Caitlin Hoover, Brittany Renner, Hyeseul Hwang, and Program Director Dr. Werner Schleiffer(From left to right)
From left: Caitlin Hoover, Brittany Renner, Hyeseul Hwang, and Program Director Dr. Werner Schleiffer

Tulia Gattone, Working on the Mine Ban Convention in Geneva

Tulia Gattone is a  MAIR student in the Maxwell School at Syracuse University.

This summer, myself and ten other Maxwell students moved to Switzerland for the Geneva Summer Practicum. It has been an incredible life-changing experience. I will definitely recommend this Global Program to any future generation of students.

As part of the Practicum, I interned at the Implementation Support Unit (ISU) of the Anti-Personnel Mine Ban Convention. The ISU is the Secretariat to the 1997 Convention on the Prohibition of the Use, Stockpiling, Production and Transfer of Anti-Personnel Mines and on Their Destruction. The Unit is mandated to provide support and advice to the State Parties to the Convention. It also communicates and provides information about the Convention status, keeps records of formal and informal meeting and liaises with other international organizations.

Working with the ISU is a truly enriching opportunity. I had the pleasure and honor to meet an incredible amount of representatives of State parties, international organizations and NGOs. Also, I attended international conferences on disarmament and carried out research in the field of mine action.

In addition to the internship, the Practicum comprises a series of lectures taught by Professor Schleiffer, whose experience and knowledge is truly inspiring. The class is highly debate-based and is constantly enriched by presentations of speakers of the highest caliber. This year we even had a lecture at the Geneva Town Hall in the world famous Alabama room where in 1872 an arbitration tribunal posed with a peaceful agreement an end to a conflict between the United States of America and Great Britain.

Work and school apart, Geneva is incredibly beautiful and it is a city that has so much to offer. I was sincerely amazed by the story, the culture and the high sense of respect of the Swiss people. In addition to the cheese and chocolate of the finest quality, Switzerland’s welcoming attitude will make leaving hard for everyone.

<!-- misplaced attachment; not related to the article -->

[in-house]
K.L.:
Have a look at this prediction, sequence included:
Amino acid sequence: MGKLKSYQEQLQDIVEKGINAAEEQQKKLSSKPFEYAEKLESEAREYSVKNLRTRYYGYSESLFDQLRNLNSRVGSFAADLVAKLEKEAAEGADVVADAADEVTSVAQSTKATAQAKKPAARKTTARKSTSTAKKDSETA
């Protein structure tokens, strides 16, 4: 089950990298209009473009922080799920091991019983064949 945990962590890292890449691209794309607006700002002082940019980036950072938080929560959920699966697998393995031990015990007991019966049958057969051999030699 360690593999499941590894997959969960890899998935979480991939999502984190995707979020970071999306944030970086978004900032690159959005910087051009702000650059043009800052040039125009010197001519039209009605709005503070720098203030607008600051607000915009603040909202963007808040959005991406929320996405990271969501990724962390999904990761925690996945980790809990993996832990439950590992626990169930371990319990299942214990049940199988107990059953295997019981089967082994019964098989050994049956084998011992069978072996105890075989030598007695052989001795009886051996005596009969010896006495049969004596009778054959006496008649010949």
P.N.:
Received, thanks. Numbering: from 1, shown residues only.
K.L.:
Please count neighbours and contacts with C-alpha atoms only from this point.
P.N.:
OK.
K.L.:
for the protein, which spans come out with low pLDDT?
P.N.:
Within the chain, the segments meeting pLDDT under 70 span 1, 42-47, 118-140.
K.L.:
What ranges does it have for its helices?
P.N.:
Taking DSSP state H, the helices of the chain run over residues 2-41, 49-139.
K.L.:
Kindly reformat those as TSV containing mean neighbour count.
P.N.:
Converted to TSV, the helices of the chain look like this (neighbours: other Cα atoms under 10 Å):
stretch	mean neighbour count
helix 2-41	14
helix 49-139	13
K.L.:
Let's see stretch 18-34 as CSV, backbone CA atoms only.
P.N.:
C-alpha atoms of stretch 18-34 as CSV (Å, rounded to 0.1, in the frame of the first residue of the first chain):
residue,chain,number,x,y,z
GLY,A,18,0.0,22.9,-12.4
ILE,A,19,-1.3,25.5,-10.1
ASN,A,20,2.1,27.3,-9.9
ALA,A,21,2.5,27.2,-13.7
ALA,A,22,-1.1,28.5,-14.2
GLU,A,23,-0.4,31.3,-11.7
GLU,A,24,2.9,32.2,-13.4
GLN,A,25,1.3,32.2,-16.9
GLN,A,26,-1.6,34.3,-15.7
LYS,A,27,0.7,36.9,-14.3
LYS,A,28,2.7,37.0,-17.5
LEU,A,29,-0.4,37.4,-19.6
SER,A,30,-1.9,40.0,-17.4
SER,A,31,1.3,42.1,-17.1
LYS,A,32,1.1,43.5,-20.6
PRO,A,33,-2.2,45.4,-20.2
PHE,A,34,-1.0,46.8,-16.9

For more information about the ISU, check the following links:

www.apminebanconvention.org/

http://www.apminebanconvention.org/implementation-support- unit/overview/

Tulia Gattone in Gornergrat (3,100 m), Switzerland
Tulia Gattone in Gornergrat (3,100 m), Switzerland

Emily Fredenberg Assists UNDP with Health & Development

The following entry was drafted by Emily Fredenberg, a dual-degree MPA & MAIR student.

Emily Fredenberg – UNDP Health and Development Unit

This summer, I had the opportunity to intern with the United Nations Development Programme, within their Health and Development Unit in Geneva, Switzerland. As an intern, my work was divided between the unit’s focal point on non-communicable diseases, tobacco control, and the social and economic detriments of health, and a team specialist on UNDP’s partnership with the Global Fund to Fight HIV/AIDS, Tuberculosis, and Malaria.

Much of the work UNDP performs in-country specializes in government capacity building. At the headquarters level, the unit’s partnership team with the Global Fund serves an advisory function in that it provides technical support to UNDP country teams executing Global Fund grants. At country level, UNDP is selected as a principal grant recipient by the Global Fund in instances when a country does not have the capability to implement the grant themselves. As principal grant recipient, UNDP works simultaneously to implement a grant, as well as to build a country’s capacity to carry out Global Fund grants themselves. Currently, UNDP is principal recipient to Global Fund grants in 26 countries.

The UNDP Health and Development Unit in Geneva also specializes in non-communicable disease (NCD) policy. Much of this policy involves joint-programming initiatives with a number of other UN agencies and programmes, most prominently, the World Health Organization (WHO). UNDP and WHO are currently pursuing a joint NCD Governance Programme initiative. This programme is designed to enhance government capacity across government sectors by looking at NCDs more broadly, not only within the health sector. Such sectors include ministries of education, finance, agriculture, trade, and tourism with the ultimate goal of various ministries within a government working collaboratively to address the growing problem of NCDs. The Geneva team also works closely with the Framework Convention on Tobacco Control (FCTC) in assisting countries to successfully implement and execute the framework.